In the last such post, I offered that one handle on the pandemic was to consider that it was the result of the absolutely damnable wasted opportunity to keep our citizenry educated. (Public Schools must be abolished.) Today, I want to comment on another aspect of the uncertainty, and in so doing add a second handle.
Much like an earlier post which attempted to take a god’s eye view of white-collar managers’ all-time favorite sport of office-switching, which I wrote in order to lambast the clearly superficial effort that somehow still takes place, today we’ll similarly view the present uncertainty with a view from the sky.
To do this right, we need to spend a minute on assumptions. There are six.
1. To be a pilot you must be brave. So in a pilot’s eyes, everyone choosing to alter their lives because they might die is cowardly. When afraid, learn. Your fear will disappear with knowledge.
2. Normally, to be cowardly is thought of as weak and unmanly, but for the purposes of this thought experiment, it’s fine. Because at least we know where each other stands. And now that you’ve admitted your fear, you can overcome it.
3. We know that the virus doesn’t kill us at an alarming rate. So we shouldn’t fear contracting the virus. Got CoVid? So what? Yet we still live in fear.
4. We know the positive test result doesn’t mean we will have symptoms. Tested positive? So what? Yet we still live in fear.
5. We know that people who wear masks still test positive and still show symptoms and still die from the virus. You’re wearing a mask?! So what? Yet we still wear masks. Yet we still fear.
6. Another assumption: Something should be different today due to the timeline being different. Just like our perspective changes the higher our altitude, our understanding of the situation should be different now than it was in March. Why? We’ve had more time.
Assumptions stated. Now let’s talk.
So what’s the difference? We now know that the only real burden the pandemic places on us is that we don’t have enough hospital rooms/beds. That’s it. If there were enough hospital beds, the, ahem, leaders would have nothing to write home about. If there were enough hospital beds, we’d no longer be afraid. If there were enough hospital beds, we’d know, in precisely the same way as we do with all the other diseases we’ve been living under threat of, that if we get sick, we go to the hospital.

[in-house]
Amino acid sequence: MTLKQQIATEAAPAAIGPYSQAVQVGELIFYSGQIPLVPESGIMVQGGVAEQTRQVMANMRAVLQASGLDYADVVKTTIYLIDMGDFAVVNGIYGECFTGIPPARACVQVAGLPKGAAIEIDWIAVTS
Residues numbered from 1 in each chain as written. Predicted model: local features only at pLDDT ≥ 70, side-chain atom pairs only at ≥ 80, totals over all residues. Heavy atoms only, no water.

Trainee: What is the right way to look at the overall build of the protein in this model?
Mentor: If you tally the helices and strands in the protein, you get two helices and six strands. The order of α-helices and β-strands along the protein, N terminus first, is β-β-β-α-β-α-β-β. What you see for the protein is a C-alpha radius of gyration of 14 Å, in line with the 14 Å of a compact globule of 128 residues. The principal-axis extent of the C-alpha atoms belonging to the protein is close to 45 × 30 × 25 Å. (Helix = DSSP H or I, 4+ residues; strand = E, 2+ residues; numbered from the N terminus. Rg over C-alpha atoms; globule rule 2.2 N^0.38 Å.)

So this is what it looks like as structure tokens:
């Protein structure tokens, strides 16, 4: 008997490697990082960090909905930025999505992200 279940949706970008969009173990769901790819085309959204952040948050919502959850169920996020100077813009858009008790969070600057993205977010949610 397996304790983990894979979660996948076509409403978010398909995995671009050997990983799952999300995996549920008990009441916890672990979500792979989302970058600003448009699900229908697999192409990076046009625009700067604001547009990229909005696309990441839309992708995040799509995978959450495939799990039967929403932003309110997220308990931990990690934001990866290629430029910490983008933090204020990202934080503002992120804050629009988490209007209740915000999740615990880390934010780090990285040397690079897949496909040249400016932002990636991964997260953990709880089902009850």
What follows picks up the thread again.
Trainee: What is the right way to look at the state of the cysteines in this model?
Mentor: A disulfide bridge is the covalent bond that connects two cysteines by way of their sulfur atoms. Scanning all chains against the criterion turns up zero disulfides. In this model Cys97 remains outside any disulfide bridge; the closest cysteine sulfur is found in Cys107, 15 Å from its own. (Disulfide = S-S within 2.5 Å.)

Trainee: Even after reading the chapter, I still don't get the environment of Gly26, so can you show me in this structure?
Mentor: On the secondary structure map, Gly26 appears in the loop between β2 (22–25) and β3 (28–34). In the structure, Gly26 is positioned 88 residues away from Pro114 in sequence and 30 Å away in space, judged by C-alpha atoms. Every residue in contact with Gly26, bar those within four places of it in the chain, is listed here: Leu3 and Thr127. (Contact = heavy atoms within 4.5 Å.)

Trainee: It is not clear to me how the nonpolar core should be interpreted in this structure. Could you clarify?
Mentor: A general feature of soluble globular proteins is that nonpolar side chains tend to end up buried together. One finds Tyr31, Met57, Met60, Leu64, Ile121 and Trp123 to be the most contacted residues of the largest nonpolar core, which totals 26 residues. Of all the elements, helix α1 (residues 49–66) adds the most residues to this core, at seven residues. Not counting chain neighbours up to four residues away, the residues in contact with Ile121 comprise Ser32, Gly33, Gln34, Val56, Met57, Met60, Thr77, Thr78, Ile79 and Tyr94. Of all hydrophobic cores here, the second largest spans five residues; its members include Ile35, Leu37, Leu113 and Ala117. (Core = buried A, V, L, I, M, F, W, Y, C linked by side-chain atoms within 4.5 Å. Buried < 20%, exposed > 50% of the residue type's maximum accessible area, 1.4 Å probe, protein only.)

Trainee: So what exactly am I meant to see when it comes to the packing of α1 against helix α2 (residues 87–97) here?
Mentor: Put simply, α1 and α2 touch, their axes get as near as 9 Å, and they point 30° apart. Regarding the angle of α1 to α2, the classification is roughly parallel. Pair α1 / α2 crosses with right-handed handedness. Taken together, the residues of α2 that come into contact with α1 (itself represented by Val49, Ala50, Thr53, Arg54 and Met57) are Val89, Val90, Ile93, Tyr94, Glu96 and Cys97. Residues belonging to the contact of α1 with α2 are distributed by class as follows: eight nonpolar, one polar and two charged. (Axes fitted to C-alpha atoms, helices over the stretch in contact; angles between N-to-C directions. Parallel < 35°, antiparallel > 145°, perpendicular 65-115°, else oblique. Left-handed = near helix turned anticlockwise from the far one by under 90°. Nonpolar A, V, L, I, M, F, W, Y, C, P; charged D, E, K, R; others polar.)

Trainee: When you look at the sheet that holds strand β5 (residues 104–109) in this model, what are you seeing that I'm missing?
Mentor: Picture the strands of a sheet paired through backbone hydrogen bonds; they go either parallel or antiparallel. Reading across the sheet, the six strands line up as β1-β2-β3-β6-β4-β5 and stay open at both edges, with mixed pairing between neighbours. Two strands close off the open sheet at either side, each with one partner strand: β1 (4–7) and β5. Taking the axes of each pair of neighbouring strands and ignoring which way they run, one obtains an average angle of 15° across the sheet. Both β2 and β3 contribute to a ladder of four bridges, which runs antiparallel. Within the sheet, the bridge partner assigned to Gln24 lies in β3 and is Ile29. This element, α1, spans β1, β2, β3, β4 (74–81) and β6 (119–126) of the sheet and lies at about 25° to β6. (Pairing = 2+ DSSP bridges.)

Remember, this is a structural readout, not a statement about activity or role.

Now let’s imagine I’m really onto something and that we fix it. More hospital beds? Poof! Done.
Now let’s take a look at our planet from the heavens. With me? What do you see? Yup. Me too. We moved people from one place to another.
Aren’t we smart?
Aren’t we compassionate?
Aren’t we little scientists?
Aren’t we really doing it?
Here’s the thing. As I get older, I’ve been struck by the thought that you’re not older than me. You’re either the poor performing football star of high school or the poor performing partier of college. In both cases, you never learned how to read. You didn’t know what you were doing then, and you still don’t. And yet you get a thrill out of having something to do. Well, guess what? You’re still illiterate. And if you’re not reading, then you aren’t doing anything. You’re certainly not helping. You’re middle management at best.
Building a hospital bed helps stop the pandemic? I won’t have to wear a mask because we built more hospital beds? Are you serious?
You were a placeholder before the uncertainty began and you’ll be a placeholder when the uncertainty is over. Why? Who knows? Because you want to be. That’s probably why. What I’m asking is that you stop playing adult and start living as one. Life includes disease. No amount of hospital beds can fix that. Have a different fear than running out of hospital beds? Fear something besides “overburdening” the healthcare system? I’m all ears. And then I’ll help you overcome that one. For now, stop telling me what to do. You’re as stupid as you were in high school and college. I didn’t listen to you then. I won’t listen to you now.